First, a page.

An edited version of an article by Tony Keates in The Cumbrian Industrialist, Volume Two, by kind permission of the author
Kendal Fell is an upland area of Carboniferous Limestone lying to the west of Kendal. Quarrying and lime burning have been important on the Fell since the middle of the eighteenth century, when the area was enclosed and administered by the Kendal Fell Trust. In the early days the industry was carried out on a small scale by local limeburners, but the opening of the Lancaster to Kendal canal in 1819 greatly benefitted the industry by easing the transportation of fuel for the kilns and also the distribution of the lime produced.
The Minute books of the Trust include an increasing number of references to limeburning after that date. For example, on 24 February 1824, it was resolved that “a halfpenny per bushel be charged to the Limeburners on all lime taken”. As the industry grew so did its effect on the environment. On 14 February 1846, a letter was sent to Richard Mattison, limeburner of Kendal, from the Clerk of the Trustees: “I am directed by the Trustees of the Kendal Fell Lands to give you notice that in case you [shall continue to] trespass by choking the Green upon Beast Banks with your horses and carts, proceedings will be taken against you for so doing”. As such problems continued a second Kendall Fell Act was obtained to replace the original enclosure Act of 1767 and give the Trustees much wider powers to control and manage the Fell Lands. As a result, the Trustees evidently decided to improve the efficiency of lime production. Entries in the Minute book for 1861 and 1878 include a detailed report on the costs of the current method of production, recommendations for an improved system of lime burning, and a more efficient method for working the quarries, together with costings for the production of lime under the improved system.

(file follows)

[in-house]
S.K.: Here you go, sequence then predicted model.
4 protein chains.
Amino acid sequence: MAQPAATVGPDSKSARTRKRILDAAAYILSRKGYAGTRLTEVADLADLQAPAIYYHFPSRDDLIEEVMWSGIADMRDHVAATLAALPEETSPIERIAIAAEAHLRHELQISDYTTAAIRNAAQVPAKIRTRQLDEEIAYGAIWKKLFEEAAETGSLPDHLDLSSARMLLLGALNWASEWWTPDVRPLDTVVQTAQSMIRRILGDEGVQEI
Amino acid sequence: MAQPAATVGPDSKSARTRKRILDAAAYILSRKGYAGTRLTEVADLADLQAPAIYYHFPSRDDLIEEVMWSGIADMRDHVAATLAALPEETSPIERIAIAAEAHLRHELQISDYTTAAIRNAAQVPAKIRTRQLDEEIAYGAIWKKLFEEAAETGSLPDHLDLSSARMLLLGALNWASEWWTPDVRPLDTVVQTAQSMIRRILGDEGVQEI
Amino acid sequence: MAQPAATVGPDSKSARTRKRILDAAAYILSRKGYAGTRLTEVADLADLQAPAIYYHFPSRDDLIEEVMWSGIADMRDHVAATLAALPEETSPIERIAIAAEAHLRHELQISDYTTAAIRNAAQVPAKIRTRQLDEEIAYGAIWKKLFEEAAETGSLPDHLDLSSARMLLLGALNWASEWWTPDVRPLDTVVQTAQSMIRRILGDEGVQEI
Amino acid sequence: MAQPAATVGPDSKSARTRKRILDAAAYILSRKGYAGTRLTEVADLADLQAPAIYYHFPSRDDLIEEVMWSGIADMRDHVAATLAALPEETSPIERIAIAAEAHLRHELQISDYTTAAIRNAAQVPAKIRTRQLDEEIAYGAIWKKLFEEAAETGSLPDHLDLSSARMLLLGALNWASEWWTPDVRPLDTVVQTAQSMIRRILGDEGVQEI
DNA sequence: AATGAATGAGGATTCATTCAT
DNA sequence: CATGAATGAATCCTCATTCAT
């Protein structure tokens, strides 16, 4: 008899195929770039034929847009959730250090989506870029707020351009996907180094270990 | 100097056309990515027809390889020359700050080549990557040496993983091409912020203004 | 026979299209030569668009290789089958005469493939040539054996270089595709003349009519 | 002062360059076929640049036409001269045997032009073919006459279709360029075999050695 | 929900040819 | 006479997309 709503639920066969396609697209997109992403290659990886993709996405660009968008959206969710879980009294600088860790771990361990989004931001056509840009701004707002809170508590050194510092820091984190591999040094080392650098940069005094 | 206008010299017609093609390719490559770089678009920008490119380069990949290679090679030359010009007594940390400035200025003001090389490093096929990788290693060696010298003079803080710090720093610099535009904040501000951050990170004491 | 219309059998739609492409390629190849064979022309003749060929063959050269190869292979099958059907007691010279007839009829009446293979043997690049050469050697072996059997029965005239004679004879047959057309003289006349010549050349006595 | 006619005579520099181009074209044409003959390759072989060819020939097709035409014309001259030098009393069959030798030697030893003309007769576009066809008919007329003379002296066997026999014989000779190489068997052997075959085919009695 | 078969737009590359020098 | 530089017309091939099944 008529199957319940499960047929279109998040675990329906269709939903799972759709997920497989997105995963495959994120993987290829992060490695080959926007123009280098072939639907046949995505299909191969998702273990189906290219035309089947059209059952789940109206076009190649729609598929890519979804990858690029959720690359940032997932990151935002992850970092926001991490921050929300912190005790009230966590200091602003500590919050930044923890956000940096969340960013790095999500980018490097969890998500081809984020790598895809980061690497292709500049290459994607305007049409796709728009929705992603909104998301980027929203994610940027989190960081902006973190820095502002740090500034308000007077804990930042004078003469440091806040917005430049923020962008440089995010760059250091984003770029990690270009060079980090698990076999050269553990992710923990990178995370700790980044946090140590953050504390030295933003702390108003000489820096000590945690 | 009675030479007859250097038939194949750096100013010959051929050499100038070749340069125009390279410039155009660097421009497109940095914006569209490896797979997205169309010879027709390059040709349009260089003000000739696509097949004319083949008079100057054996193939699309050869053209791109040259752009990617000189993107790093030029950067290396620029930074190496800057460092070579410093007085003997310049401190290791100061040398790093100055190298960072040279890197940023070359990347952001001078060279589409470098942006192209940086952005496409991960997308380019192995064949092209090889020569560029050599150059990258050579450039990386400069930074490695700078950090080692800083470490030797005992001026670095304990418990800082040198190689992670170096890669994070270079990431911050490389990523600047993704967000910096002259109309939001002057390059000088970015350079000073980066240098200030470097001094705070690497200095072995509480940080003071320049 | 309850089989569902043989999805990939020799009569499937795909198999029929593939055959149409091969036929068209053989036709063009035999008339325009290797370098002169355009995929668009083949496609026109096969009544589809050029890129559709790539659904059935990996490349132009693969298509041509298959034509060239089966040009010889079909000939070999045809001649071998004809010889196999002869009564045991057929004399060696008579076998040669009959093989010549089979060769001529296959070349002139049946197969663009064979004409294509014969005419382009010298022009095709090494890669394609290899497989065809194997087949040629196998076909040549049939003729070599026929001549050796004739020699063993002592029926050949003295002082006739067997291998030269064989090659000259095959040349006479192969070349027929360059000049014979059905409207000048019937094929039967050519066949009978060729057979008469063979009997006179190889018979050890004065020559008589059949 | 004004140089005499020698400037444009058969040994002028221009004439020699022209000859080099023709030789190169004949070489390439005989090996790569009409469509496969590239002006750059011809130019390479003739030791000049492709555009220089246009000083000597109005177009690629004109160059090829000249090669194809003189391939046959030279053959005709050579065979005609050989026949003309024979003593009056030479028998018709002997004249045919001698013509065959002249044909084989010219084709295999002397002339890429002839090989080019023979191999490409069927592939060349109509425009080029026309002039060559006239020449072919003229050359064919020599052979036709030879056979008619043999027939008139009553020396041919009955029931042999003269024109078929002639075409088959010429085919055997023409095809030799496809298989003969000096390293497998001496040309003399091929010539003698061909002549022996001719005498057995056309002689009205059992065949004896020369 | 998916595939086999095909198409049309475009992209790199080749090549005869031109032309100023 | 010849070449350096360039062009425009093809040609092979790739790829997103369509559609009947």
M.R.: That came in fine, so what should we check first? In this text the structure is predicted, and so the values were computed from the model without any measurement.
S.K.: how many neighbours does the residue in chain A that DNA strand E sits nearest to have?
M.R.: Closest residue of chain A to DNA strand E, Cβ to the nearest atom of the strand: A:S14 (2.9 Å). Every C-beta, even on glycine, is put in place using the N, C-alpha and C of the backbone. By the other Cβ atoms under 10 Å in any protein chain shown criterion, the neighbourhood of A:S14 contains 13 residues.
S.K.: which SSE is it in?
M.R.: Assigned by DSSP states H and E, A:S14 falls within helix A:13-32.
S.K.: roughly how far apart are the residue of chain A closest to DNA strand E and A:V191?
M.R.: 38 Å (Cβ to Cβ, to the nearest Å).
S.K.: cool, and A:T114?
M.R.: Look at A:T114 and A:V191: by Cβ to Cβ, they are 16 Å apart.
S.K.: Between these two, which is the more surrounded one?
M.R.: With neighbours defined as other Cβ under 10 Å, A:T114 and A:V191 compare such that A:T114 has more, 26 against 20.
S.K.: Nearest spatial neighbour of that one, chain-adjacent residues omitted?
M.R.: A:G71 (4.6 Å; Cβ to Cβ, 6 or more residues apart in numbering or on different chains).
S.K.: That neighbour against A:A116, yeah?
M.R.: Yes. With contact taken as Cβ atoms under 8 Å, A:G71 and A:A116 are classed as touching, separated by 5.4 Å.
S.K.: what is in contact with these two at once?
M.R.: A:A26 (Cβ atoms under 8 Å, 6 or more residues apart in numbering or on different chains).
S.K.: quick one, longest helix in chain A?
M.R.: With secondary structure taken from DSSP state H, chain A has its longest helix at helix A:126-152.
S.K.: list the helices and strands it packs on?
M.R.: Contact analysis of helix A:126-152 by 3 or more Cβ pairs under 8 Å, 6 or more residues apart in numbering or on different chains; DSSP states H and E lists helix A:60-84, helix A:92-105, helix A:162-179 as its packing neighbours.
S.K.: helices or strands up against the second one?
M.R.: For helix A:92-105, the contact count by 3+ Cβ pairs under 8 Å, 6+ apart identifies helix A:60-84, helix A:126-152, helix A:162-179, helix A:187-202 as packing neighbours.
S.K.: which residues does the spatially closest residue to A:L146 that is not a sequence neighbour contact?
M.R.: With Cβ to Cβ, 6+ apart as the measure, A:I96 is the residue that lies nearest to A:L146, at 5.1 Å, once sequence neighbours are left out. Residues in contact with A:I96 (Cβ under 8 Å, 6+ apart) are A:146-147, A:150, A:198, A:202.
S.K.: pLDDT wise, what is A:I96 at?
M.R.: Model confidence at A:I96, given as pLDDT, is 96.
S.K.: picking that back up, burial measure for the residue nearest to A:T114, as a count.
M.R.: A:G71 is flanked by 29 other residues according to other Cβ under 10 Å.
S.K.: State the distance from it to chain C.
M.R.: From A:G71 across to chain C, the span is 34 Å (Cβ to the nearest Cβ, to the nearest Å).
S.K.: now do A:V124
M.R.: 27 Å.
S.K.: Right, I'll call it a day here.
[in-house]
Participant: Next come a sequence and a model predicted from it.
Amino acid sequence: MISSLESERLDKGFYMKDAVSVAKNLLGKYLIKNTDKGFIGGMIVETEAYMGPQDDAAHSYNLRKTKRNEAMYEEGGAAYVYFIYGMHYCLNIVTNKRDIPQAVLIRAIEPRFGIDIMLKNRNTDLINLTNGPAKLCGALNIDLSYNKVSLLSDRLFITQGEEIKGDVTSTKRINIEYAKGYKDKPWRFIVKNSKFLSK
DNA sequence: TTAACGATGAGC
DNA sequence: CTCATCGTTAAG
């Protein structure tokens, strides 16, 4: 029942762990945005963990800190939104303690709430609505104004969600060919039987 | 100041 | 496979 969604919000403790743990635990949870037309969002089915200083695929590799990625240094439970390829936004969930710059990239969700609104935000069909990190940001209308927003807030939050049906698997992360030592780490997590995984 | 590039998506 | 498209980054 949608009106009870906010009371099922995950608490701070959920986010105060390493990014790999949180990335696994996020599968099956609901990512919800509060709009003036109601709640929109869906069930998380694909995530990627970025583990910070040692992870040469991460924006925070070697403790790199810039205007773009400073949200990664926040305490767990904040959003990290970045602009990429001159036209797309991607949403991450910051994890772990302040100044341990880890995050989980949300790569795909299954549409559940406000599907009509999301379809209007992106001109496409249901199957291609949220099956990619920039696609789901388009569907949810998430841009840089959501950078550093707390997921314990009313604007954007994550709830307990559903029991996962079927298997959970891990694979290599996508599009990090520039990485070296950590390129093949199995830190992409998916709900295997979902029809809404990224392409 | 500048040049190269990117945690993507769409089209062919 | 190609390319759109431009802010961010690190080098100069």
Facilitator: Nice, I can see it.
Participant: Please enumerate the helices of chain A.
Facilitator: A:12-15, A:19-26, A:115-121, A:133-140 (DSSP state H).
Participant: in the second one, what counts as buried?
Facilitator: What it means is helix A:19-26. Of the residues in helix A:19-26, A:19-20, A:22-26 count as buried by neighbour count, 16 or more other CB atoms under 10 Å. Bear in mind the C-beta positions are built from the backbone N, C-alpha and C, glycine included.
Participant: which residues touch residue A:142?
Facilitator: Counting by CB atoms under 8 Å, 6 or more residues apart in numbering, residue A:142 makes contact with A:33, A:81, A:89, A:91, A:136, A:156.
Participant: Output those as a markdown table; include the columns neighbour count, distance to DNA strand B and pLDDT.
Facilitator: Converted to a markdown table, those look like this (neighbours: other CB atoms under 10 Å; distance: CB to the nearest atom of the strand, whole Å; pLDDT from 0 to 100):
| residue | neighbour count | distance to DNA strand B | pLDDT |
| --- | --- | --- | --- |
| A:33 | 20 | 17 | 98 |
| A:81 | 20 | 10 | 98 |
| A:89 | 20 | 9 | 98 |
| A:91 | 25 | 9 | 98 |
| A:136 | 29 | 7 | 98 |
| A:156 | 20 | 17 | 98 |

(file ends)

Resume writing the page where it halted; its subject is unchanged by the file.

As the industry developed further, it became increasingly concentrated in the hands of a few larger companies until, by the 1950’s, Pennington’s of Kendal was the only one operating. That remained a family business until, on 11 April 1975, it became a part of the Tarmac Roadstone Holdings Ltd. Operations at Kendal Fell Quarry were suspended on 25 August 1992 owing to the economic recession and, to date, work has not resumed.
The most obvious and striking example of the early industry on Kendal Fell, apart from the quarries themselves, is the large, well-preserved limekiln standing just north of the Kendal to Underbarrow road at Greenside. This is a massive construction of dressed limestone, approximately 5 metres wide by 12m deep and 6m high. It has a wide, shallow, round arch, 4m wide by 3m deep and 1.5m high internally, and has two square drawholes lined with firebricks. The kiln has two circular pots, each approximately 2m in diameter and lined with firebricks, although both are largely infilled to within 0.5m of the top. It is in very good condition. The kiln itself is of an irregular shape, and is offset at an angle to the road with a short track to the front of the arch.
The first edition of the Ordnance Survey 1:2500 plan, surveyed in 1858, shows this to be one of six limekilns on the Fell. Remains of two others are nearby, heavily overgrown, but there are no extant remains of the other three.
(Page created 19/04/05. Last updated 25/11/08)